The second quote is about stochastically determining which side is the "head" and which is the "tail", effectively, which occurs by positive feedback of an existing gradient. This is not really a matter of information stored in the sense that we think of information stored in DNA bases or bits on magnetic tape, the passage seems to be referring to information in the sense of a reduction in uncertainty about the state of the universe. The way a developing embryo chooses where the head is going to be is like dumping a bag of M&Ms on the table and having the head develop wherever the highest concentration of yellow M&Ms are. If you expect them to be uniformly distributed, you'd be correct statistically, but for any one iteration there will be a non-uniformity that determines what happens next: that's information, reduction in statistical uncertainty. If you, via the power of a thought experiment cousin of Maxwell's demon, were to scramble the positions of molecules in the egg cell, that would change where the "head" develops.
Yet, all of this is guided by proteins that are created and function according to the "instructions" in DNA. DNA doesn't have information about where in the future there will randomly be a concentration of yellow M&Ms, but it does have the information to synthesize proteins that react to concentrations of yellow M&Ms, causing a positive feedback loop that further concentrates them on a particular axis.
For embryonic development, these yellow M&Ms are mRNA transcripts, and at least in drosophila, these initial transcripts are indeed made in the egg cell, not post-fertilization (see https://en.wikipedia.org/wiki/Drosophila_embryogenesis#Anterior-posterior_axis_patterning_in_Drosophila). It's possible to introduce a mutation to a fly that will only affect her offspring, by interfering with transcription of these mRNAs. More generally, maternal effects are observed when the egg cell or developing environment has some influence on the offspring.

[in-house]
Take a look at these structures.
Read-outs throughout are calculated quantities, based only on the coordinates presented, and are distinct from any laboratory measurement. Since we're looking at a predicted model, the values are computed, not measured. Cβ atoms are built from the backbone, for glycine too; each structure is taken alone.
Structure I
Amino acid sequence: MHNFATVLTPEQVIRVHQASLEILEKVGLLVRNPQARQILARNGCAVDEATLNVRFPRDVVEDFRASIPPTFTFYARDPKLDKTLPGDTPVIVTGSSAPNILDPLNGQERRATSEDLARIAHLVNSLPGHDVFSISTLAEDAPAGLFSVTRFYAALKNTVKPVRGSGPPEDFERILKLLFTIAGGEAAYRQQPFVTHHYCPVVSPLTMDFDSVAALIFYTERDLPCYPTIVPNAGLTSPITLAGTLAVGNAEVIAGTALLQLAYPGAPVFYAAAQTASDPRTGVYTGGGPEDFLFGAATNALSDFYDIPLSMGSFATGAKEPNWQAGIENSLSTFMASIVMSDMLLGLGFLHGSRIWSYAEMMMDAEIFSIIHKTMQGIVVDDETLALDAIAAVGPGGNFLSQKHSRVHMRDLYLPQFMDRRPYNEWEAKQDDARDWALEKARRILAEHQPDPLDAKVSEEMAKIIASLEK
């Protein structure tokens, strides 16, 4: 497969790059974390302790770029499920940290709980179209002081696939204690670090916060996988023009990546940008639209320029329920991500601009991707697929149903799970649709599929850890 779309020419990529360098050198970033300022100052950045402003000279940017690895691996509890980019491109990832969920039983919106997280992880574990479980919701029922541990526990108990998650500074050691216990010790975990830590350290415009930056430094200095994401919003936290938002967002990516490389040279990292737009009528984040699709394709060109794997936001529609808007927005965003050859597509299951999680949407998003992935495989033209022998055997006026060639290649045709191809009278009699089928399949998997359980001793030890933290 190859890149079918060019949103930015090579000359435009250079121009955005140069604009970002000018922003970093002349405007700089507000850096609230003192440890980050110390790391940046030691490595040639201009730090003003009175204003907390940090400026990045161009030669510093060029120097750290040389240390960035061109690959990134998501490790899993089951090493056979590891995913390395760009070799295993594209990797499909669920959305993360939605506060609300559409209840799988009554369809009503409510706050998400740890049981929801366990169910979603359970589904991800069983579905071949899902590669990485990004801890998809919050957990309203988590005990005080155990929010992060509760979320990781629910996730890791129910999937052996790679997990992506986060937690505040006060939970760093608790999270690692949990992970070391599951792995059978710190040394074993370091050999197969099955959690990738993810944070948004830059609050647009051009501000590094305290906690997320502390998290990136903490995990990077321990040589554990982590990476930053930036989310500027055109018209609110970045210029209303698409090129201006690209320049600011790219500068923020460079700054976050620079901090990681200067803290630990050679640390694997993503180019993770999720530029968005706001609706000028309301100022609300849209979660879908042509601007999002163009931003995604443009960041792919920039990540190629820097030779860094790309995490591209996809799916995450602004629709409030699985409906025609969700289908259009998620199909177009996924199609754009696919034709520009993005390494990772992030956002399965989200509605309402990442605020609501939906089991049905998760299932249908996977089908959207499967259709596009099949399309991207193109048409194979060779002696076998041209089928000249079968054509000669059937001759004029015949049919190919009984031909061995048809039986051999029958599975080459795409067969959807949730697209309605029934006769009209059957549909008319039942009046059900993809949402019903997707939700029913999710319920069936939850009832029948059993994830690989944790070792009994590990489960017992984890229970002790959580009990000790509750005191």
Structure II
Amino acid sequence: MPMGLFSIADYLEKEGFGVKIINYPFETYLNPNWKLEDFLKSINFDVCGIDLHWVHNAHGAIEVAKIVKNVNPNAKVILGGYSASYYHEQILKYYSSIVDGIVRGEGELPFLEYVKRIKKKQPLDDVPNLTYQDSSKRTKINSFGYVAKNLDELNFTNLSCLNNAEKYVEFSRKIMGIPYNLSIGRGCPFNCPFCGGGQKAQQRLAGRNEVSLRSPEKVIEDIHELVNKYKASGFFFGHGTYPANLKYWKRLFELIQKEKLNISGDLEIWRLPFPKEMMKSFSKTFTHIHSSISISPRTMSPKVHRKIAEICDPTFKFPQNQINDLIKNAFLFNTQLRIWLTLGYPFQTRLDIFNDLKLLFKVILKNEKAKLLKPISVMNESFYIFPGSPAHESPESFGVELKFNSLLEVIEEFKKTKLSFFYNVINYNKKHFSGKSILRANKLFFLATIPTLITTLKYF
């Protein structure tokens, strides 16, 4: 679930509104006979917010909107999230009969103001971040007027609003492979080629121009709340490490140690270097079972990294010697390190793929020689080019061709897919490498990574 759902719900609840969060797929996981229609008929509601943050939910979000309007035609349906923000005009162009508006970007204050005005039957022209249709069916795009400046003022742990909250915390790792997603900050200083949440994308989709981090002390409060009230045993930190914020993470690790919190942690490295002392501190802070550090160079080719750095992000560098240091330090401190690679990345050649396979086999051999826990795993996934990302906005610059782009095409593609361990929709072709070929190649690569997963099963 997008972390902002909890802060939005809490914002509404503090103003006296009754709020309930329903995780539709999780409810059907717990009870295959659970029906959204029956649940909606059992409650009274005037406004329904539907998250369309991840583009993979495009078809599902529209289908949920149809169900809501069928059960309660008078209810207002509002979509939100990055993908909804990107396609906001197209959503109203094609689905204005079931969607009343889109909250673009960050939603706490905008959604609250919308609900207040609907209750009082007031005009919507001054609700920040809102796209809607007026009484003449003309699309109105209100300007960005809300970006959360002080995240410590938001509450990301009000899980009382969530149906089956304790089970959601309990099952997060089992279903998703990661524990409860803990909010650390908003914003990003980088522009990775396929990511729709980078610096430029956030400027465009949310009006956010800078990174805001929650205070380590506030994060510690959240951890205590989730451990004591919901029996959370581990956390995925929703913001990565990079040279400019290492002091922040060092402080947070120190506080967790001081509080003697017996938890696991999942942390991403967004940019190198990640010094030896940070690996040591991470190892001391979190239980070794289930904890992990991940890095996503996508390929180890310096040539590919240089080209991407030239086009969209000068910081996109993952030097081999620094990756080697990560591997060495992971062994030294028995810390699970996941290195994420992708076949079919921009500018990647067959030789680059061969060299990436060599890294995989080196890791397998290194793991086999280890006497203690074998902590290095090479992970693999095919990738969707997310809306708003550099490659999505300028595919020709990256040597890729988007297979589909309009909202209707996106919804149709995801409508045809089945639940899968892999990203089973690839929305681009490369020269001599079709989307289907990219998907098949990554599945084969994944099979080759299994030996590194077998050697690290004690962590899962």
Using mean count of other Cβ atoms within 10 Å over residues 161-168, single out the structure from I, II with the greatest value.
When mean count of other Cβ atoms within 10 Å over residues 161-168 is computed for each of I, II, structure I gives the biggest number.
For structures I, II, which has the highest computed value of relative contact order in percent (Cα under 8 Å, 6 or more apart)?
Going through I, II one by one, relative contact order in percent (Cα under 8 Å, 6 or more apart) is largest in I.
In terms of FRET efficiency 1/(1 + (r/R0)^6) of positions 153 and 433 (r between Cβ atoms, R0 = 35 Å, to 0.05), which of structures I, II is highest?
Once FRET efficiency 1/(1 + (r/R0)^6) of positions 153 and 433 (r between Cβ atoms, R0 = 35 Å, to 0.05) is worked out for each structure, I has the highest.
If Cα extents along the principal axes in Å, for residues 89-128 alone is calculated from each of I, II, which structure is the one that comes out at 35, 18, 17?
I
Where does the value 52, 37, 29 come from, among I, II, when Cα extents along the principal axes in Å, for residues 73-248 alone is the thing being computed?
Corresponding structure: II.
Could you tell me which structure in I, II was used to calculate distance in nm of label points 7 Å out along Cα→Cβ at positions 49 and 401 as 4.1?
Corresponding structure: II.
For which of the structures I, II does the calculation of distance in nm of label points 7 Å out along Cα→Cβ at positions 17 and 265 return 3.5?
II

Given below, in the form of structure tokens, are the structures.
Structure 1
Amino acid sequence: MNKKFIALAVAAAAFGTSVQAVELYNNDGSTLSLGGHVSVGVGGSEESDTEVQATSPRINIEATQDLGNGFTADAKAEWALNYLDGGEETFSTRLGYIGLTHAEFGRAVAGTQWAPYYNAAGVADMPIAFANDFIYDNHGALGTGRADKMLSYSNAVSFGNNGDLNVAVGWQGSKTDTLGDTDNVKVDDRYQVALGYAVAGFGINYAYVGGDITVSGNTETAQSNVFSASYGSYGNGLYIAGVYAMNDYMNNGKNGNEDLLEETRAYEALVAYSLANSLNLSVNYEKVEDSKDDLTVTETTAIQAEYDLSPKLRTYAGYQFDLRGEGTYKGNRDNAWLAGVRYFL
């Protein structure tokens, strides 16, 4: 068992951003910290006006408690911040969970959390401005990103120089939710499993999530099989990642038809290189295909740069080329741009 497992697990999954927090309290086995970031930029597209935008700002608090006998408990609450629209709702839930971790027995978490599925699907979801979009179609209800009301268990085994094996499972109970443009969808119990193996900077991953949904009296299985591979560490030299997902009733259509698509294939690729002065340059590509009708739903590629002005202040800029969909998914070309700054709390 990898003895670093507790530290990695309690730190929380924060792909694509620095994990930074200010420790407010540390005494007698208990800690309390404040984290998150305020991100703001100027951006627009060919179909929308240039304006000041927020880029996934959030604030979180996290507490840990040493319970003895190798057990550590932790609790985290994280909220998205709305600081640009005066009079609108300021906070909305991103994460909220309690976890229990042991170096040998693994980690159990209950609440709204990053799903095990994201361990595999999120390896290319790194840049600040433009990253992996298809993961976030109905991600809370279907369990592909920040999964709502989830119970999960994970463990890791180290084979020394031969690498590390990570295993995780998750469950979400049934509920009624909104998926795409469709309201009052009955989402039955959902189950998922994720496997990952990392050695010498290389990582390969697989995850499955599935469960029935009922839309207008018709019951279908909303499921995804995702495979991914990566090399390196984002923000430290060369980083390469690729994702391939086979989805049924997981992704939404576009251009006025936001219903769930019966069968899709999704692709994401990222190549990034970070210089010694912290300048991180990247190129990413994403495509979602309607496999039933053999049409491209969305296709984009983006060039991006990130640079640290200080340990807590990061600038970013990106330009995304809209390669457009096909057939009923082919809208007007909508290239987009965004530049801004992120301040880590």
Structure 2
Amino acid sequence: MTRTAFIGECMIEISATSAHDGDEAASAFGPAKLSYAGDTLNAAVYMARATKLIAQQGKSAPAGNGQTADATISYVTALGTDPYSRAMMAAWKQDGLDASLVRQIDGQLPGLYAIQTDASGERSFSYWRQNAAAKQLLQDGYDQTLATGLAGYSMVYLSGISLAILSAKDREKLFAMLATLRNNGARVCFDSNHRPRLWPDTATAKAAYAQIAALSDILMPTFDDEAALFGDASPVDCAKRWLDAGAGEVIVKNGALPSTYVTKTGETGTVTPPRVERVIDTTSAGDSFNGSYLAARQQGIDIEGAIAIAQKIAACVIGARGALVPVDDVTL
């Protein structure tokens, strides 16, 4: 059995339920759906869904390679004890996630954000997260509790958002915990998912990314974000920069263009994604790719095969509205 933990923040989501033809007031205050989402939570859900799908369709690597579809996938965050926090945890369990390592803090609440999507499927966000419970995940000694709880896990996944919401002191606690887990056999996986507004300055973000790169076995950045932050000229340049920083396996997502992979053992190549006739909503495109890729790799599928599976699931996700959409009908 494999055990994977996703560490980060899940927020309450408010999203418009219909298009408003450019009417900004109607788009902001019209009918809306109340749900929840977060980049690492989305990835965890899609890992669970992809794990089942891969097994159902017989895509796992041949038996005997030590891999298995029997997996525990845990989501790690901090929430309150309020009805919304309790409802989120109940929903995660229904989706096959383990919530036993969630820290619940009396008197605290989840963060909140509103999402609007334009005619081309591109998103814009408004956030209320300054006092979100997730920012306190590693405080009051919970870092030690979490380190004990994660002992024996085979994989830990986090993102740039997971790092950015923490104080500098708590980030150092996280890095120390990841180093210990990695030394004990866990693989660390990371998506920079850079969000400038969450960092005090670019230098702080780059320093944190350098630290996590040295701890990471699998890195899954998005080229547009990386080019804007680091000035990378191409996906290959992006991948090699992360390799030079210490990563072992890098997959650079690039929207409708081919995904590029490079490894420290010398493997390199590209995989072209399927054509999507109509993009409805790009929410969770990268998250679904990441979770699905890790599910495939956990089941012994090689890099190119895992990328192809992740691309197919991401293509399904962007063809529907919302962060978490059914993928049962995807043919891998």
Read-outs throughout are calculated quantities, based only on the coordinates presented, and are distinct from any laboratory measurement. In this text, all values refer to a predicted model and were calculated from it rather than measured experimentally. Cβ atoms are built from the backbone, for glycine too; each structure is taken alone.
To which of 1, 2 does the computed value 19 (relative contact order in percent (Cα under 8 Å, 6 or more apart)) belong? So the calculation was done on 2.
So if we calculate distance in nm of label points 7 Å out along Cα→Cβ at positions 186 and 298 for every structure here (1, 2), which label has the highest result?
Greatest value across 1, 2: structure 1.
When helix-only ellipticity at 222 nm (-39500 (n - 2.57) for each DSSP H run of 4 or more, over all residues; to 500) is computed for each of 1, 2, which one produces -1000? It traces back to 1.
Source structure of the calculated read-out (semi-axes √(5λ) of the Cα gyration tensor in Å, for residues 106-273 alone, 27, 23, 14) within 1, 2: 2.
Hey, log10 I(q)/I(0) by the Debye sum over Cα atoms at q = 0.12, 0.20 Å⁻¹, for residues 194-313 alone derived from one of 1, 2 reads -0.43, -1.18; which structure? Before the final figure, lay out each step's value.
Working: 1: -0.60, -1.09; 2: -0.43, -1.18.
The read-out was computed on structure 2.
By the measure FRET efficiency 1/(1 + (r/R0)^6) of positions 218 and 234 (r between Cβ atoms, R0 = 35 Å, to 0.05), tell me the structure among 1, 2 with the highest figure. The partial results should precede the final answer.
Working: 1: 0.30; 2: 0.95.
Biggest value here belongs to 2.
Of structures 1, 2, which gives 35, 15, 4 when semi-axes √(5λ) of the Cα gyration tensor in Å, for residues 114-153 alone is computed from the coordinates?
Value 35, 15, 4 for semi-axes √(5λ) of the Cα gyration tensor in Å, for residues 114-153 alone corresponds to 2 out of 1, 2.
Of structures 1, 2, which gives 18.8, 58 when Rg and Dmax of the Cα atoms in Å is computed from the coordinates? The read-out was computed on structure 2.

However, all those influences are coded in the DNA of the next generation, too, so it also seems reasonable to say that the genome contains all the information necessary. Containing all needed information to do X is not the same as being able to do X. To turn DNA into RNA transcripts, and to turn transcripts into proteins, requires more than information, it requires machinery. We can say the information to build those machines is also in the DNA.
Honorable mention to mitochondrial DNA, which comes entirely from the egg cell.
Generally, I think learning about biology from these grand pronouncements like "all information is in DNA" is a bad way to learn biology. Biology is not mathematics, we do not operate in the certainty of proof. Learn how things actually work, first, rather than trying to prove or disprove "truths". These statements are meant to capture wonder and convey the basic order of things, they are not dogma (even if someone regretfully calls it that).